Three Poems

Poetry
Marchell Dyon


Photo credit: Neil Moralee/Flickr (CC-by-nc-nd)

Black Women Sing Too Of Cages

We too howl against the rattle of time
We too rage our tattered wings against the bars
We see the length of years stretch before you
We see the gray math twinkling in
Only inches of sun

We too have spilled tears of rage
Until the tears that burned us cools our sweat
We know of thoughts of suicide, a rainbow engulfed
We live a life of high potential wasted

Yes!
We know the choices of no choice
We understand the self-pity and self-denial
We wish for the magic to rise out
From under despair

You tell us to wait with our chins up
You tell us you’ll be home soon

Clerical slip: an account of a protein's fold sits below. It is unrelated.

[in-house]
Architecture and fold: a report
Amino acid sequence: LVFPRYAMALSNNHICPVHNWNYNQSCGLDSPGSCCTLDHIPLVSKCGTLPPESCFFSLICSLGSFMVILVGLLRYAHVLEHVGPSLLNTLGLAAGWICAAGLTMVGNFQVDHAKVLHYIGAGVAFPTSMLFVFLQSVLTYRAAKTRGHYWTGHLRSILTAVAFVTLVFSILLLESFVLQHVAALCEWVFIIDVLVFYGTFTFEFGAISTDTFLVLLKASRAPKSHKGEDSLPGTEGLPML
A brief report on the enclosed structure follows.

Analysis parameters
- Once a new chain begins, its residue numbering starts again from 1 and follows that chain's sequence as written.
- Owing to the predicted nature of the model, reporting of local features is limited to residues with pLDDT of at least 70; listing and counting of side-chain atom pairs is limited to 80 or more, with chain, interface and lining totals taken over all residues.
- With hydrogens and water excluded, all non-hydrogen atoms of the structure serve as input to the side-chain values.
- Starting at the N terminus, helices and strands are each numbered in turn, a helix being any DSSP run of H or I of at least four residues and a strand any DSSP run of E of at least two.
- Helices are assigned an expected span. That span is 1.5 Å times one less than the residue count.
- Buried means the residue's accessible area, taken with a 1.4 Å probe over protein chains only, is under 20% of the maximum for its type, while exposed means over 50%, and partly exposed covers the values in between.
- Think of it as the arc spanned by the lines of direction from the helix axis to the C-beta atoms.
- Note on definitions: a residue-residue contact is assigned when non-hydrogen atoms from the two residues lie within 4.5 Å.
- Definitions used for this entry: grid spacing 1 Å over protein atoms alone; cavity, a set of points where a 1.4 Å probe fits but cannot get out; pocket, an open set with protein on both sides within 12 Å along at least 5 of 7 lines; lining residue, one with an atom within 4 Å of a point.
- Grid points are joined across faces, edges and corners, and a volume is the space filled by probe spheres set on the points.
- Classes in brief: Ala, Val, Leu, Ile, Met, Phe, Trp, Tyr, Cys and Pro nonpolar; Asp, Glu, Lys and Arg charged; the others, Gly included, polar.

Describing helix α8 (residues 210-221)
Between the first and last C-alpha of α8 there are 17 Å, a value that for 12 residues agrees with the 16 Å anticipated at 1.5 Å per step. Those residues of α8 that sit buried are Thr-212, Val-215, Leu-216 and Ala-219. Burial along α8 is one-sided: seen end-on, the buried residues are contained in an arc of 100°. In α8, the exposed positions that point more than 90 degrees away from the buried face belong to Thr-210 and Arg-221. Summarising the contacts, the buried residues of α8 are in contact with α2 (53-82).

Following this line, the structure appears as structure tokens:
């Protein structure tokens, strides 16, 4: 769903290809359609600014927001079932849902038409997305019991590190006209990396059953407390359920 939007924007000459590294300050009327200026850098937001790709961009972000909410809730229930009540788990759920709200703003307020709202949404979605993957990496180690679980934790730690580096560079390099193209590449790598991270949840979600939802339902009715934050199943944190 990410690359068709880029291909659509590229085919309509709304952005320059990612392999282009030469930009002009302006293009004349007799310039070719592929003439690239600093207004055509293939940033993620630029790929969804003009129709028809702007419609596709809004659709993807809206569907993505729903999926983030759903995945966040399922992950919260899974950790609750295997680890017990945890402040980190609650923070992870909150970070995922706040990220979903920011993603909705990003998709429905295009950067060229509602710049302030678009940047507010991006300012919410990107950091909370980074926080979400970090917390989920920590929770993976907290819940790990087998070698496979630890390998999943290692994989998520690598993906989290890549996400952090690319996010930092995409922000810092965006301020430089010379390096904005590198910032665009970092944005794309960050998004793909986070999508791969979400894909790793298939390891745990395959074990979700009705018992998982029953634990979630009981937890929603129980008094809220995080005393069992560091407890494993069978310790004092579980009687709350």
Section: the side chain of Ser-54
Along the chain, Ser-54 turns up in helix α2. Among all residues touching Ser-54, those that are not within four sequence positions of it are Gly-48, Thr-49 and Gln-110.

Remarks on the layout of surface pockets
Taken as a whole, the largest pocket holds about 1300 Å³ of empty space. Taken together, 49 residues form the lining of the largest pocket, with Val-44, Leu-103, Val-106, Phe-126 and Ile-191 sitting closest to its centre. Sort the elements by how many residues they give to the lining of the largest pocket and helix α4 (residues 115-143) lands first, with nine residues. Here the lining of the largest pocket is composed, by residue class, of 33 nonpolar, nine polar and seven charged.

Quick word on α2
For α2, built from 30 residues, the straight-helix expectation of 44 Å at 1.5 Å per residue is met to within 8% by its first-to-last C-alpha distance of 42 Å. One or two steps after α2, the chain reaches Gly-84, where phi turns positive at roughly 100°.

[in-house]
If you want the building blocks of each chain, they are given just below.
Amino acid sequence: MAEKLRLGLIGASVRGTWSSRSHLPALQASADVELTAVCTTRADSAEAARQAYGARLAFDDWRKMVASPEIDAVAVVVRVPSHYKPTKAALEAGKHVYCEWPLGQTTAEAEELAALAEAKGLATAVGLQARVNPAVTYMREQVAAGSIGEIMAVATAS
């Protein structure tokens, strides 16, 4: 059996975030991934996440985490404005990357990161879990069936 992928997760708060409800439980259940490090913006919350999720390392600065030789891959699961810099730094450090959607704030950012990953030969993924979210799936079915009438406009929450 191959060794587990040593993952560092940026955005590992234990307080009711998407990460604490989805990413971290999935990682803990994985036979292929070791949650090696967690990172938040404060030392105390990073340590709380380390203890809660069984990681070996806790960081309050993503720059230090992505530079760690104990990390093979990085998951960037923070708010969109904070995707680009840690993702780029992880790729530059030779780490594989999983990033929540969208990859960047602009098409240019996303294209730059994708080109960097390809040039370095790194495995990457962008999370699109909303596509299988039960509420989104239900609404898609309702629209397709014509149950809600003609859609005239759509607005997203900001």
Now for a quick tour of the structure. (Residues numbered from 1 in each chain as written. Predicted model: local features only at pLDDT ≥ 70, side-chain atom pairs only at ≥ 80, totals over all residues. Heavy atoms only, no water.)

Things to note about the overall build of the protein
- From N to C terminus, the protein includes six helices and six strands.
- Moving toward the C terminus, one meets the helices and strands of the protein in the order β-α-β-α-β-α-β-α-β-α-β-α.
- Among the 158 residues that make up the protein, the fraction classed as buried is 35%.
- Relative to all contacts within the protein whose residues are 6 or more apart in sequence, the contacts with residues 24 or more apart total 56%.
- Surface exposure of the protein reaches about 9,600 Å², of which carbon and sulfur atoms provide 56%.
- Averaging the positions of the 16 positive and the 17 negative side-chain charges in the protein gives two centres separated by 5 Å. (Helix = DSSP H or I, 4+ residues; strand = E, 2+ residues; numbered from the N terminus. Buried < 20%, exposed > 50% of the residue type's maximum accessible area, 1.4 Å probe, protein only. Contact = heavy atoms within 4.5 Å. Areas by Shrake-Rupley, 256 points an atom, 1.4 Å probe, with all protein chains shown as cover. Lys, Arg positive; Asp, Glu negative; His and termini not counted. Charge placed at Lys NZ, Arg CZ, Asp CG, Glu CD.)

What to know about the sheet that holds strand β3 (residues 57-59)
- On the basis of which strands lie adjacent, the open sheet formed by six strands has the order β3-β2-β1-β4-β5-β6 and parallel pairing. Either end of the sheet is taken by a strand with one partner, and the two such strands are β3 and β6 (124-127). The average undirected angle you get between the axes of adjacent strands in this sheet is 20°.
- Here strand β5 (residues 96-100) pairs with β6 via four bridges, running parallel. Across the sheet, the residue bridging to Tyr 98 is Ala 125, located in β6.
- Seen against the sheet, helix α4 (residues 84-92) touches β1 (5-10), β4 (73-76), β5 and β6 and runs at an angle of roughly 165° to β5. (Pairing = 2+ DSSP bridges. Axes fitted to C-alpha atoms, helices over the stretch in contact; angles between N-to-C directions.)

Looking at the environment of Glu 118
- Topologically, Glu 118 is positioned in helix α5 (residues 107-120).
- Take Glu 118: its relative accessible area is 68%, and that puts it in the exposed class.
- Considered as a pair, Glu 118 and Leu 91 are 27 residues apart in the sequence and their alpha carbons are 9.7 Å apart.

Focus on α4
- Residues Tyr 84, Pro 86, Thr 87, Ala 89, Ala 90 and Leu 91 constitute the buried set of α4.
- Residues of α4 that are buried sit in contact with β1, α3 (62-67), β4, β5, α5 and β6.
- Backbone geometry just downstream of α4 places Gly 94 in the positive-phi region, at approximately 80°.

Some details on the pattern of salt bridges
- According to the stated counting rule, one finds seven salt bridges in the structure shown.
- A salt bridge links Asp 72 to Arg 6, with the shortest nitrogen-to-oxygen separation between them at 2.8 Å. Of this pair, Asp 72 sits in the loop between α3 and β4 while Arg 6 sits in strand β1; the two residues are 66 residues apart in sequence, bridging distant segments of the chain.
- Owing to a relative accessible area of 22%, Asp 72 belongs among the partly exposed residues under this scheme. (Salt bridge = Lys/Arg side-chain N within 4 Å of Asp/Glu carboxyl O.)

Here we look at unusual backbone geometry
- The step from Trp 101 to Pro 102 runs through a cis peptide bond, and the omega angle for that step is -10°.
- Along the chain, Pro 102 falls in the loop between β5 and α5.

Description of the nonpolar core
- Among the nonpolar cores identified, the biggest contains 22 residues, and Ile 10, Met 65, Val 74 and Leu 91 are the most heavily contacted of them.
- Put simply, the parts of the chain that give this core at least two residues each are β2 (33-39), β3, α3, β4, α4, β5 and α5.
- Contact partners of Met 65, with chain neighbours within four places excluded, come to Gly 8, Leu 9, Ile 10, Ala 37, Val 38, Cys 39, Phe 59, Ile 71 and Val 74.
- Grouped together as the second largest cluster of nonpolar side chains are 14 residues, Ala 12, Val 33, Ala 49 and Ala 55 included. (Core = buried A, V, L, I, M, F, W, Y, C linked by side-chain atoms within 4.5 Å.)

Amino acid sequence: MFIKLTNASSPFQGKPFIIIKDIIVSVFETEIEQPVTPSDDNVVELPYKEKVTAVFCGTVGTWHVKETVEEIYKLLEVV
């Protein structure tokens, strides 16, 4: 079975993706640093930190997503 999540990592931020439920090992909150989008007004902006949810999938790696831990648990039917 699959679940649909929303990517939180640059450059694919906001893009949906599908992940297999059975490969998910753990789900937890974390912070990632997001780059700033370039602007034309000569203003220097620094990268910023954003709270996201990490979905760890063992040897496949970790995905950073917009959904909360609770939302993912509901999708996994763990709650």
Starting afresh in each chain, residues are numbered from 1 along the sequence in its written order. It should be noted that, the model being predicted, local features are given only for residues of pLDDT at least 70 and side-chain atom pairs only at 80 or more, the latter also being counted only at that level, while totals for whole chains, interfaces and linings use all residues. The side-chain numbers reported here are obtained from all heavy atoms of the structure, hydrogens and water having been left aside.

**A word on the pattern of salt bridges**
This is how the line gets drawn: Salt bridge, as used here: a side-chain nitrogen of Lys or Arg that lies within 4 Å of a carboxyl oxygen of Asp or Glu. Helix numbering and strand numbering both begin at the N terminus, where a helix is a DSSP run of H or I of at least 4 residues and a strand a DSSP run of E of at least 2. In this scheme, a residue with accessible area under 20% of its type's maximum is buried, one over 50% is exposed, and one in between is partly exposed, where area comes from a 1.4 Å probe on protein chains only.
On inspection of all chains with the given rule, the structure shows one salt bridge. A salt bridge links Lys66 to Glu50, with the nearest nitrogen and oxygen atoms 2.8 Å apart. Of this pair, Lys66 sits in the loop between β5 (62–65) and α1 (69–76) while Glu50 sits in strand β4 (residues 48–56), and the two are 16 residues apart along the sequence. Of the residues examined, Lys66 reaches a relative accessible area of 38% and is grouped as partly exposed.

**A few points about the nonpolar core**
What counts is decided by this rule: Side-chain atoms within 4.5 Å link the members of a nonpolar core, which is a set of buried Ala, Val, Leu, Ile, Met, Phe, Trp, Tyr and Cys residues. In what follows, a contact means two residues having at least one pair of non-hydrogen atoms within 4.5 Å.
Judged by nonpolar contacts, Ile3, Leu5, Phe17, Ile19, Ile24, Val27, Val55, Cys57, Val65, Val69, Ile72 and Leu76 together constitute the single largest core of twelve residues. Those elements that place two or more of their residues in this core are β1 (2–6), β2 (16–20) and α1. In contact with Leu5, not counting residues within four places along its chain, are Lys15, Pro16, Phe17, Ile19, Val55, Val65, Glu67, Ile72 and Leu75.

You tell us stories, and you spin your yarn
You ask us to hold on to air

We let you fill our heads with dreams
Still, we work
Alone we raise your children
We stand on blisters

Waiting… waiting… waiting…

In anger, you say women have it easy
You say girls don’t struggle, growing up isn’t hard
Remember now, whose left with the responsibility

When you decide to slang or pick up the gun
Try being women raising
Our children on a minimum wage

Try being blamed for everything as the day is long
Try having to explain your prison term to our son

 

A Black Woman’s Thunder Song

I am the red bird striking
The sky with lightning
My wings bellow like tornadoes

My words are powerful
My words can blow down your house
From my words there’s no shelter

That can prevent me entry
Boom, boom, boom,
I rock your complacency

Re-cord me
My words have a different meaning
Played backwards

My words are never at peace
There is always another war
Another march to rally for

Even if you pretend you don’t have ears
You hear me
You see me

I paint myself red
Even if you count to ten
The flash bomb of my words will blind your eyes